The guidelines under development are recommendations for collection and reporting of BC emission data, and recommendatory goal-based, technology-neutral control measures, ideally also being able to quantify their effectiveness. This means discussion will continue in the Correspondence Group but with a reduced scope compared to earlier. It will now develop draft recommendatory guidelines on goal-based control measures, and not discuss potential regulatory measures. Potential BC control measures that have been discussed in the Correspondence Group previously have included setting up and Arctic emission control area, engine certification for new ships, the use of BC reduction technology such as particulate filters, and a new fuel standard based on aromatic content.

The role of fuel quality

Those who have been involved in the BC discussion at the IMO for a while will recall a debate about the impact of aromatic content in the fuel used. This became particularly heated when, in late 2019, a study was published suggesting that the very low sulphur fuel oil (VLSFO) blends being developed to meet the 0.50% sulphur limit in 2020 would have a very high aromatic content and hence would emit even more BC than the high sulphur HFOs they were replacing.

This theory was debunked by IBIA and other industry groups with representation at the IMO during PPR 7 in February 2020.

There was, however, been calls for a new fuel standard based on aromatic content to help indicate a fuel’s propensity for emitting BC during combustion.

ISO has taken this into account and during PPR 10, gave an update on the work undertaken on the ISO 8217 standard by ISO/TC 28/SC 4/WG6 (ISO WG6) to provide the maritime industry with an indicator to characterise whether a marine fuel tends to be more paraffinic or aromatic in nature. The approach taken was to find – and apply – a well-established method already used by the petroleum industry to characterise fuels in terms of their paraffinic or aromatic nature. ISO WG6 has identified the ‘Viscosity Gravity Constant’ (VGC) as a straightforward approach as it can be calculated using routinely analysed parameters (viscosity and density). ISO told PPR 10 that the intention is to incorporate this indicator in the 7th edition of ISO 8217, which is expected to be published in the first quarter of 2024.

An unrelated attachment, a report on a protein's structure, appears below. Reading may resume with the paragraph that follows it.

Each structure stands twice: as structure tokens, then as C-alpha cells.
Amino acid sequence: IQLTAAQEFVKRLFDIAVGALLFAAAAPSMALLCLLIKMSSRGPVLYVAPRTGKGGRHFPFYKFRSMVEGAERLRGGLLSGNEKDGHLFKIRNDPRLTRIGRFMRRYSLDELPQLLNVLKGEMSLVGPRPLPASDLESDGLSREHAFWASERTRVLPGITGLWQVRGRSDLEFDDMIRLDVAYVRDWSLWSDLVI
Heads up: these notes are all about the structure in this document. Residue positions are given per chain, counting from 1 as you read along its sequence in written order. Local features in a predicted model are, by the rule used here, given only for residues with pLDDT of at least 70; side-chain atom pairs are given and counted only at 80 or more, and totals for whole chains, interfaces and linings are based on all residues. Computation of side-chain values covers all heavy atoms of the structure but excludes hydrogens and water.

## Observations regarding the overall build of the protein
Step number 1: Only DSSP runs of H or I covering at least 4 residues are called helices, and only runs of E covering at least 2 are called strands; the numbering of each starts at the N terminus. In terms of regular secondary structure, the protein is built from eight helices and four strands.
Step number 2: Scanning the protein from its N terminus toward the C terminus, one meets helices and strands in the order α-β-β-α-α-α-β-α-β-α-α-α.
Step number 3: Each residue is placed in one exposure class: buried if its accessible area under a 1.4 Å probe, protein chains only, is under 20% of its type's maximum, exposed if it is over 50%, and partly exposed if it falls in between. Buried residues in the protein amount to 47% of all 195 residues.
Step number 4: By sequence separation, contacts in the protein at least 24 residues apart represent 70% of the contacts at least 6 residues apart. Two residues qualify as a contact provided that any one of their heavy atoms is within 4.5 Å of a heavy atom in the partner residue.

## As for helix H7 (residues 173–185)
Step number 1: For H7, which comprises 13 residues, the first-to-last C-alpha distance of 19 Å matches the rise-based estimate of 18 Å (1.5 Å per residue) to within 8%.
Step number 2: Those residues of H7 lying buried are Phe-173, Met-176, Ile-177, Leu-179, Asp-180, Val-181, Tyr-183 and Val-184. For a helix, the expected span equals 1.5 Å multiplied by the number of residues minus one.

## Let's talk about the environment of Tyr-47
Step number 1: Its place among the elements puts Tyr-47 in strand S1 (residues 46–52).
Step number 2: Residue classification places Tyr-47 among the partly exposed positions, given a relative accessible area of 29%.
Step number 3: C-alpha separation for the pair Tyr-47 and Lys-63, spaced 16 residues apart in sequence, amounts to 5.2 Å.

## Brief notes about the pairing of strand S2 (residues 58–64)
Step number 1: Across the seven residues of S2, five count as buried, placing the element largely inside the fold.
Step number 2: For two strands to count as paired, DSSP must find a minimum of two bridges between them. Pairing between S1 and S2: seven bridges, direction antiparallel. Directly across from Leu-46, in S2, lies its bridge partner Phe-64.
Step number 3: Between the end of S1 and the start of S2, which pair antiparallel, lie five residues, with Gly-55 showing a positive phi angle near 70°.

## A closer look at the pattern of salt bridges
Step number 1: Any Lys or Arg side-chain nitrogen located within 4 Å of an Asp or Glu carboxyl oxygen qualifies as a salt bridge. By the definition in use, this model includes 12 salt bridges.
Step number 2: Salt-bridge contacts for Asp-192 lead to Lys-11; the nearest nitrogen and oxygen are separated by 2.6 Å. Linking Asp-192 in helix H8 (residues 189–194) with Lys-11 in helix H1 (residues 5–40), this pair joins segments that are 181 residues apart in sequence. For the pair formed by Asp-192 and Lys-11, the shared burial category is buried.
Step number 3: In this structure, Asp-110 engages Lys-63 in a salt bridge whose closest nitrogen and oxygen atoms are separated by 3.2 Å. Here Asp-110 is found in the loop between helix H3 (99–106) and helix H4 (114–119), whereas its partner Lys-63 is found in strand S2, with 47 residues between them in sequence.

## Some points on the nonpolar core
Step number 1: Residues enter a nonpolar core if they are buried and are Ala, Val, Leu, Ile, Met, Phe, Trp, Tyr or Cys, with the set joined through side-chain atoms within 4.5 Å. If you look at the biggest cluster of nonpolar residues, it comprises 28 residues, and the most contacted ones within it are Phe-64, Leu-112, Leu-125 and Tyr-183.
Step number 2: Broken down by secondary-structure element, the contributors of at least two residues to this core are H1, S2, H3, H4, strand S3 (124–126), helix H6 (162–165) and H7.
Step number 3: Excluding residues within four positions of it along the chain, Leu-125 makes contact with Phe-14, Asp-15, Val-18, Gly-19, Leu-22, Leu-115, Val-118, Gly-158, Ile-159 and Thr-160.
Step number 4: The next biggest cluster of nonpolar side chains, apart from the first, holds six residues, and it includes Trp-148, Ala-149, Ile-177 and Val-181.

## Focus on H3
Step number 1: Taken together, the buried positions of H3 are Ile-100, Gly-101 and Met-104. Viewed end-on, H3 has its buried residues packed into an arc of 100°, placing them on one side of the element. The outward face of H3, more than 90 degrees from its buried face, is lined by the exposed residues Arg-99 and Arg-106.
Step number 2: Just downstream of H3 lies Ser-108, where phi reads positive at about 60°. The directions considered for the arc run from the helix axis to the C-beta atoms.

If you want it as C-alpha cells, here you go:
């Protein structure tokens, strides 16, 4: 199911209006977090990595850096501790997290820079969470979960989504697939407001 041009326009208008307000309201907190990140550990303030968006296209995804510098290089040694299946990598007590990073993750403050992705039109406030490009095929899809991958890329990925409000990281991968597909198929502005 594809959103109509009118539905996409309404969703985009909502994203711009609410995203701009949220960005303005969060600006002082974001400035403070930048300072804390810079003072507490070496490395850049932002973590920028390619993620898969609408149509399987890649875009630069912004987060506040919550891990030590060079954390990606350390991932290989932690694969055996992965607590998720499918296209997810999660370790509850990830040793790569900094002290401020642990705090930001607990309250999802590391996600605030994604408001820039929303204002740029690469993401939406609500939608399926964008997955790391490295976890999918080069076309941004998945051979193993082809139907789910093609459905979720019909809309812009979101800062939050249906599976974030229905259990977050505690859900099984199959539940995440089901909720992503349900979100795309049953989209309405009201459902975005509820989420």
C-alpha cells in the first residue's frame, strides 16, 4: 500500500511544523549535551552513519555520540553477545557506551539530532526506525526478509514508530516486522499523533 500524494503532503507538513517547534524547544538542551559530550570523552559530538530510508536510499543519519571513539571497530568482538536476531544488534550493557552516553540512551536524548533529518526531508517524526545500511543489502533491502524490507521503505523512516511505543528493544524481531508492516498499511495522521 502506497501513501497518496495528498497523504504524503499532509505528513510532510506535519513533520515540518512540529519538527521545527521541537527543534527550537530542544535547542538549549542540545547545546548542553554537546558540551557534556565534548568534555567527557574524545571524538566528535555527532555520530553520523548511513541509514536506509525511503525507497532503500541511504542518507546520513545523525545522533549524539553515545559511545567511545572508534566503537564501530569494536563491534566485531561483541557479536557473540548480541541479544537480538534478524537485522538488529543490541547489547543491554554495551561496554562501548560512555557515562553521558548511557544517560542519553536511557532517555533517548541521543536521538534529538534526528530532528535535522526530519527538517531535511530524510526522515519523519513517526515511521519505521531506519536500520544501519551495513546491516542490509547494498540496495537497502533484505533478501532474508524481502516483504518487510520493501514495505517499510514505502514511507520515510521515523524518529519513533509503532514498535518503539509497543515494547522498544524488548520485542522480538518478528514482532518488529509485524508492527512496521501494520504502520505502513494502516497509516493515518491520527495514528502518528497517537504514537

Despite this update from ISO, some Member States asked ISO to reconsider, and insisted that a H/C ratio should be included in the ISO 8217 revision as an indicator of fuel aromaticity.

Developing a fuel standard based on aromatic content is one of several proposals for potential ways to regulate BC emissions in the future. While some are supportive of developing a fuel standard, it has been pointed out that it would require additional data on fuel characteristics. At the same time, in a related agenda item aimed at protecting the Arctic from HFO spills, proposals have been put forward to specify “polar fuel oils” that are acceptable for use and carriage in the Arctic.

PPR 10 will ask MEPC 80 to extend the target completion year for the work on reducing the impact of Black Carbon emissions on the Arctic to 2025, including to allow for further work on potential control measures.

Given the complexity of working out the actual extent of BC emissions, and identifying and quantifying feasible and effective ways to reduce them, that extra time will be needed.